Monday, August 4, 2008

The Mind's Gatekeeper

I recently saw this very interesting quote in another discussion thread:

But what we allow into our minds cannot be erased and so it's in our own best interest to be very careful what we let inside. We're our own gatekeepers, and by taking this responsibility we do not become easily offended.

While we both essentially concur with the words, it seemed clear that he and I hold two completely different interpretations.

From one perspective, "Hear no evil. See no evil. Speak no evil." Experience with evil will tend to draw the person in and corrupt the person. The only possible solution to maintain goodness and purity is to avoid evil. Don't let evil in and you will remain pure. Do not associate with evil people. Do not read material with evil content. Do not look at evil stirring images. Do not visit places where evil might occur. And so forth.

It is clear that many people do live this way. Problem solved, right? Maybe until two people or two groups disagree upon what is and what is not evil---perhaps evolving until one decides the other is evil for not sharing the definition...

But what are the more individual consequences of such a life?

The mind is a very powerful device for labeling, filtering, and selecting things, and it can obviously be trained. The mind can be trained so that, even subconsciously, every thing and every experience is labeled "evil" or "not evil." There can even be trained reactions, such as fainting on hearing foul language or averting one's eyes on seeing what is sexually suggestive. Even higher order impulses might develop, such as, "If I see evil, I must act to destroy it!"

Once all of these layers are in place, how long is it before the mind finds itself in an irresolvable dilemma? How long can it possibly be before a person finds himself on the wrong side of his own rules? How long can it possibly be before the person, with imperfect information and understanding about another's situation, mistakenly applies the label "evil" to another, causing that person harm, or even harming an innocent bystander in the process?

We construct and apply simple models to our lives---everyone does---but life is seldom so simple for long. Eventually the mind faces the fact that whatever model was in place does not fit the observations. What now? This is a point for suffering, a place where the expected does not occur or the unexpected does. So, is a better model the answer to life's problems? Is the model wherein you and your mind are distinct and it is your responsibility to fence off evil from your mind the successful model for life? How could it be?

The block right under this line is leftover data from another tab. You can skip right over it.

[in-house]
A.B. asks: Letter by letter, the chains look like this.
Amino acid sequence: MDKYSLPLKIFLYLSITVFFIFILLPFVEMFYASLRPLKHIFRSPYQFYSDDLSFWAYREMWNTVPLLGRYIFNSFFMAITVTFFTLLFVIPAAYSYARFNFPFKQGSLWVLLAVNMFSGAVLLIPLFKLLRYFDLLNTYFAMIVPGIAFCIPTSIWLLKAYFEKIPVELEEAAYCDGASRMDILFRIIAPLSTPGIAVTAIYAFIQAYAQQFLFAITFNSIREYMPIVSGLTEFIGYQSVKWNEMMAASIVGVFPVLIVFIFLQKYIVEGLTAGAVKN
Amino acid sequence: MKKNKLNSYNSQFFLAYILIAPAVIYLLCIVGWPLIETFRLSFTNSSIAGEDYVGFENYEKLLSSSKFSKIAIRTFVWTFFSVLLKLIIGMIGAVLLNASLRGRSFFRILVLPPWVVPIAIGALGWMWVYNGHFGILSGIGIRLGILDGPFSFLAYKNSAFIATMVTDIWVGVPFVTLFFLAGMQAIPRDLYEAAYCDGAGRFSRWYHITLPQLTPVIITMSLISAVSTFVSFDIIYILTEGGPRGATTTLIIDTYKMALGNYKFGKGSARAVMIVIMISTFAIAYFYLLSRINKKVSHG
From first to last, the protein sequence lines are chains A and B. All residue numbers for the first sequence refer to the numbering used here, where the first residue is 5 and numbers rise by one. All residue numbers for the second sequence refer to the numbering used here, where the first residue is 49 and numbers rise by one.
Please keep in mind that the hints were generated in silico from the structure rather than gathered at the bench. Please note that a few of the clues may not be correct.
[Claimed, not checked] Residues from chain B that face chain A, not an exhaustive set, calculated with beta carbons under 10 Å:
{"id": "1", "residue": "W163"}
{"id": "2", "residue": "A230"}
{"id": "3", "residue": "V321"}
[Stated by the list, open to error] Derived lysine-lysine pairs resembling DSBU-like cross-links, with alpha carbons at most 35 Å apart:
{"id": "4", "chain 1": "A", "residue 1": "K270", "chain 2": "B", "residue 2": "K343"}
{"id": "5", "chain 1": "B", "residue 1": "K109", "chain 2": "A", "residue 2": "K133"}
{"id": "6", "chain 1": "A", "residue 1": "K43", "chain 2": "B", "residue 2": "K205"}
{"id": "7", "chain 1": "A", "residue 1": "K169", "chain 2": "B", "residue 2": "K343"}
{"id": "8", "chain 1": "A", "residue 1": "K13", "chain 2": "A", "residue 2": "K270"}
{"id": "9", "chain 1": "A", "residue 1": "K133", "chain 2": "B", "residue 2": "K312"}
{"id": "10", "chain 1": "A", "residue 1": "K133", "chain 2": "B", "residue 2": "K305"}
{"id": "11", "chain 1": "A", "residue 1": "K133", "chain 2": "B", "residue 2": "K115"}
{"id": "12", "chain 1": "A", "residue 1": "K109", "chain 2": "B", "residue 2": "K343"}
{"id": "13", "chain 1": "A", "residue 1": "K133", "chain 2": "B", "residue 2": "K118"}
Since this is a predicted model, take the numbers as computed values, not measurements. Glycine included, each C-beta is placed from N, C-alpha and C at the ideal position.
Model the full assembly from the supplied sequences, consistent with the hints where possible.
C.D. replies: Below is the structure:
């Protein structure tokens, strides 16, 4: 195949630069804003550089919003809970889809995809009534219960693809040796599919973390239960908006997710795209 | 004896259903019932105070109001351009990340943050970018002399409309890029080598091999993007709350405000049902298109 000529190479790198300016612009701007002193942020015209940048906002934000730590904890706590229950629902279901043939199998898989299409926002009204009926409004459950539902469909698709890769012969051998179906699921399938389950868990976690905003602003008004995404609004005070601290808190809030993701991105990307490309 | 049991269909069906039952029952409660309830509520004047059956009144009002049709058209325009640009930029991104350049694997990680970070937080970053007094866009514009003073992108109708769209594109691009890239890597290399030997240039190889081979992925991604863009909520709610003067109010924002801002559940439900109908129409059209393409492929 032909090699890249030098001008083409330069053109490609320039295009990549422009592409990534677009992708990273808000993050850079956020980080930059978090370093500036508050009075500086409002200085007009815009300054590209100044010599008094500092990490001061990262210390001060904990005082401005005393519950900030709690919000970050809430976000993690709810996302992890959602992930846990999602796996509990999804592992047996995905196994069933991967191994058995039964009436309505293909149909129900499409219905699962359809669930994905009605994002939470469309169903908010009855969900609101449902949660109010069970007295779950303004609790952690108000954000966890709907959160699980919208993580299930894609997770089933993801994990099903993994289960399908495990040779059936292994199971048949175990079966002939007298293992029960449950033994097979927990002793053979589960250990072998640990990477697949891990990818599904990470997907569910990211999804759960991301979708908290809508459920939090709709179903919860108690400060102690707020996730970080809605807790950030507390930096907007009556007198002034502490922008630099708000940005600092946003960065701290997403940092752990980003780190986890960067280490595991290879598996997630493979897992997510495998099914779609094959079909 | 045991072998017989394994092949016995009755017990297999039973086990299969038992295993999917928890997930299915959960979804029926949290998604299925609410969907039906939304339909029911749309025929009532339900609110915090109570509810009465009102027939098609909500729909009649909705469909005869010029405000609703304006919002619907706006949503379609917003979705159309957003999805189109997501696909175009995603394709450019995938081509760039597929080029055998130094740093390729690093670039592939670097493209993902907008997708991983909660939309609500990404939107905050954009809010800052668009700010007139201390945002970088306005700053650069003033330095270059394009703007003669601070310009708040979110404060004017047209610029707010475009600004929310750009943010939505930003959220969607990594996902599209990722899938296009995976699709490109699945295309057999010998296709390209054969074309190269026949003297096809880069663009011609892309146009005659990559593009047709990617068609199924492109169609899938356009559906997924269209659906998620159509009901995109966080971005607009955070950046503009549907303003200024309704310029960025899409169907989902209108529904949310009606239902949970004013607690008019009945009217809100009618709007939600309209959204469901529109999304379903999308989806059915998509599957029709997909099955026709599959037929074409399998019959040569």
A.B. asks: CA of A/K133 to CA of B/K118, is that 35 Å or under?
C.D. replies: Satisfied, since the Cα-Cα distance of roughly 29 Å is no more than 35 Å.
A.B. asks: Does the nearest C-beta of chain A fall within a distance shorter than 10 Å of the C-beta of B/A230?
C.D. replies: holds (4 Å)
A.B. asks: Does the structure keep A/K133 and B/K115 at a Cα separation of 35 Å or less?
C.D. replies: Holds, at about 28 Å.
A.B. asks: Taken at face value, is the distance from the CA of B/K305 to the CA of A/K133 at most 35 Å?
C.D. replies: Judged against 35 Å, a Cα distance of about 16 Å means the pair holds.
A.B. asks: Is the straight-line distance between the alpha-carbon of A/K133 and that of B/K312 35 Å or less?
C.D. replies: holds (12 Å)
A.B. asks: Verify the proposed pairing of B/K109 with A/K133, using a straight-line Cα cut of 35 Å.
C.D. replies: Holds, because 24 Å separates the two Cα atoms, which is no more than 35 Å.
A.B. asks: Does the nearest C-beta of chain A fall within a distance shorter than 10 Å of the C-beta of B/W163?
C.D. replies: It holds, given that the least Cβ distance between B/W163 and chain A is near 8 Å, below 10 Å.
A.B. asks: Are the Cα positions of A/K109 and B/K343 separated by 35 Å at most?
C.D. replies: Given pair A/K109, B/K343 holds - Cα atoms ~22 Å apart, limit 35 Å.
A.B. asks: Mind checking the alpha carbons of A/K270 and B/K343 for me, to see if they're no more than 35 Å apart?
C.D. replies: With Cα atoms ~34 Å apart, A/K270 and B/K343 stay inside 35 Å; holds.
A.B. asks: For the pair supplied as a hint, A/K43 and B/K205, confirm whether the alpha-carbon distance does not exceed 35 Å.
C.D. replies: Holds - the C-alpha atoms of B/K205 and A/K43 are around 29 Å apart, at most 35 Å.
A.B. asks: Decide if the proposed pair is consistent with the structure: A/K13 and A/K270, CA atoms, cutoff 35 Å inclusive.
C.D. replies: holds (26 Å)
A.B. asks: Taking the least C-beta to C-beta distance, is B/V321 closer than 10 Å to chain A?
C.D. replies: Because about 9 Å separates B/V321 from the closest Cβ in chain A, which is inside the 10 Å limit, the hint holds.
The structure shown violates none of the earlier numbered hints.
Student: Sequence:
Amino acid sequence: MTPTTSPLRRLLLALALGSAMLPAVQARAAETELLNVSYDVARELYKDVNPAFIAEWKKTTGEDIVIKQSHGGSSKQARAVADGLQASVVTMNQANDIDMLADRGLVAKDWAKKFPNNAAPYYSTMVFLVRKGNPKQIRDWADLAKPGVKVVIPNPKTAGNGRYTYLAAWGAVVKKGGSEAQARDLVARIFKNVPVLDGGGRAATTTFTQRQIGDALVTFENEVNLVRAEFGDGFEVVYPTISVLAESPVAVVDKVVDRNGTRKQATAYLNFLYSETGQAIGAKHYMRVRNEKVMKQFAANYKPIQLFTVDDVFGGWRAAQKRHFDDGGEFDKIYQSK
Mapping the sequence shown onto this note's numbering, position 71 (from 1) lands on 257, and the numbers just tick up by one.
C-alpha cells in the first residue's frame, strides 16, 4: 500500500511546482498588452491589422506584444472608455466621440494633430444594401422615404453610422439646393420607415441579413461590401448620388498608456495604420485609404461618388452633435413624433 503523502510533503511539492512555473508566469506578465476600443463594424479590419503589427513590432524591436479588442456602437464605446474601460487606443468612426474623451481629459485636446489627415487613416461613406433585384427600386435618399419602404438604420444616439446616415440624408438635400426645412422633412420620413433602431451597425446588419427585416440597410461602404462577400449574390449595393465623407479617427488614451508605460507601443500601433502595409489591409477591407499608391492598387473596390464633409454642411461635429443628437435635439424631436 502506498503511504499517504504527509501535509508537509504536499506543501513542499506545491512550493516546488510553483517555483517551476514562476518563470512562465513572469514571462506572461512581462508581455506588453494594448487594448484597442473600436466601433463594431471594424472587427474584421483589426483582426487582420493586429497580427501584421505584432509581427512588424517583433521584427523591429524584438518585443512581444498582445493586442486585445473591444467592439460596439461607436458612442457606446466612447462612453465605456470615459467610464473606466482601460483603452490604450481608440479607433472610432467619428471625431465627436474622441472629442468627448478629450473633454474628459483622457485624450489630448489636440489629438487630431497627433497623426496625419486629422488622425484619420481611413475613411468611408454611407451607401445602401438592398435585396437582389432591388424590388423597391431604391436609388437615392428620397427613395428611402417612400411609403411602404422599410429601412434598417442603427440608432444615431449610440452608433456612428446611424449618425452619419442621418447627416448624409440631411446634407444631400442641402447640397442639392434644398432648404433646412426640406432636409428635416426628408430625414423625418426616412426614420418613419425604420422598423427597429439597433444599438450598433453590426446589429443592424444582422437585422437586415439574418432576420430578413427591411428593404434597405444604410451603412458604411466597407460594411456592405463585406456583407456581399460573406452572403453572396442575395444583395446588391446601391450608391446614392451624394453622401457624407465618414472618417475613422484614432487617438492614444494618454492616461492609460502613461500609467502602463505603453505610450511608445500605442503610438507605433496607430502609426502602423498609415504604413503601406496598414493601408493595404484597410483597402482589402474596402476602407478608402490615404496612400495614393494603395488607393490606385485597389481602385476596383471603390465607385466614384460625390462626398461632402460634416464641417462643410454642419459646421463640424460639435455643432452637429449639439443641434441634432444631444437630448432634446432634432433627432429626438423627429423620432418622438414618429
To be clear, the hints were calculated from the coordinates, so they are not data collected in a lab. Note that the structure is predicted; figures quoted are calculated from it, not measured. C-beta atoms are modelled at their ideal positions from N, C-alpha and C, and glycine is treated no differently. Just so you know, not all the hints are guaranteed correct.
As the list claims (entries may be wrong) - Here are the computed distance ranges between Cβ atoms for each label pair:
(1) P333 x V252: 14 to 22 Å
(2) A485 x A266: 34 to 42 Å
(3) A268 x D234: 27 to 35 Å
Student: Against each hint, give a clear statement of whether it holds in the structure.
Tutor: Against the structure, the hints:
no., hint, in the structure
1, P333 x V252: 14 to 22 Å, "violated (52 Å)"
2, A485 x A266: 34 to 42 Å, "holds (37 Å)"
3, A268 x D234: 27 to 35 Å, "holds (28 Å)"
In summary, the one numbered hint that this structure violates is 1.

So, what of another perspective? We have to delve deeper...

What is the gatekeeper of the mind if it is not the mind itself? Can the thoughts "This is good," and "This is evil" live outside the mind? If the mind decides to fence certain thoughts out of the mind, then are those thoughts not already inside the mind's gate?

The thought "Do not admit evil into the mind" in itself admits "evil" into the mind, and it sets into motion the discriminating process. Now you are a machine, finding evil everywhere, deciding right and wrong, dealing with it, or fencing it off, or running from it, or being corrupted by it when you embrace it...

A pure mind does not discriminate between "good" and "evil." A pure mind has no fence and has no gate---there is no need. Seeing things as they are---whether as a manifestation of God's Grace, Buddha Nature, Mother Nature, or anything else---no evil enters the mind and there is no corruption as a result.

To achieve this, it seems then that one of the first objectives of the mind's gatekeeper must ensure that thoughts of a gate or a gatekeeper do not enter the mind... Can this state be found? Think back: There was a time when you saw everything with a beginner's mind, when there was no good, no evil, no fence between them, and no gate to be watched. What happened to your original mind?

Alas, even these thoughts are flawed, but hopefully they point toward the truth.

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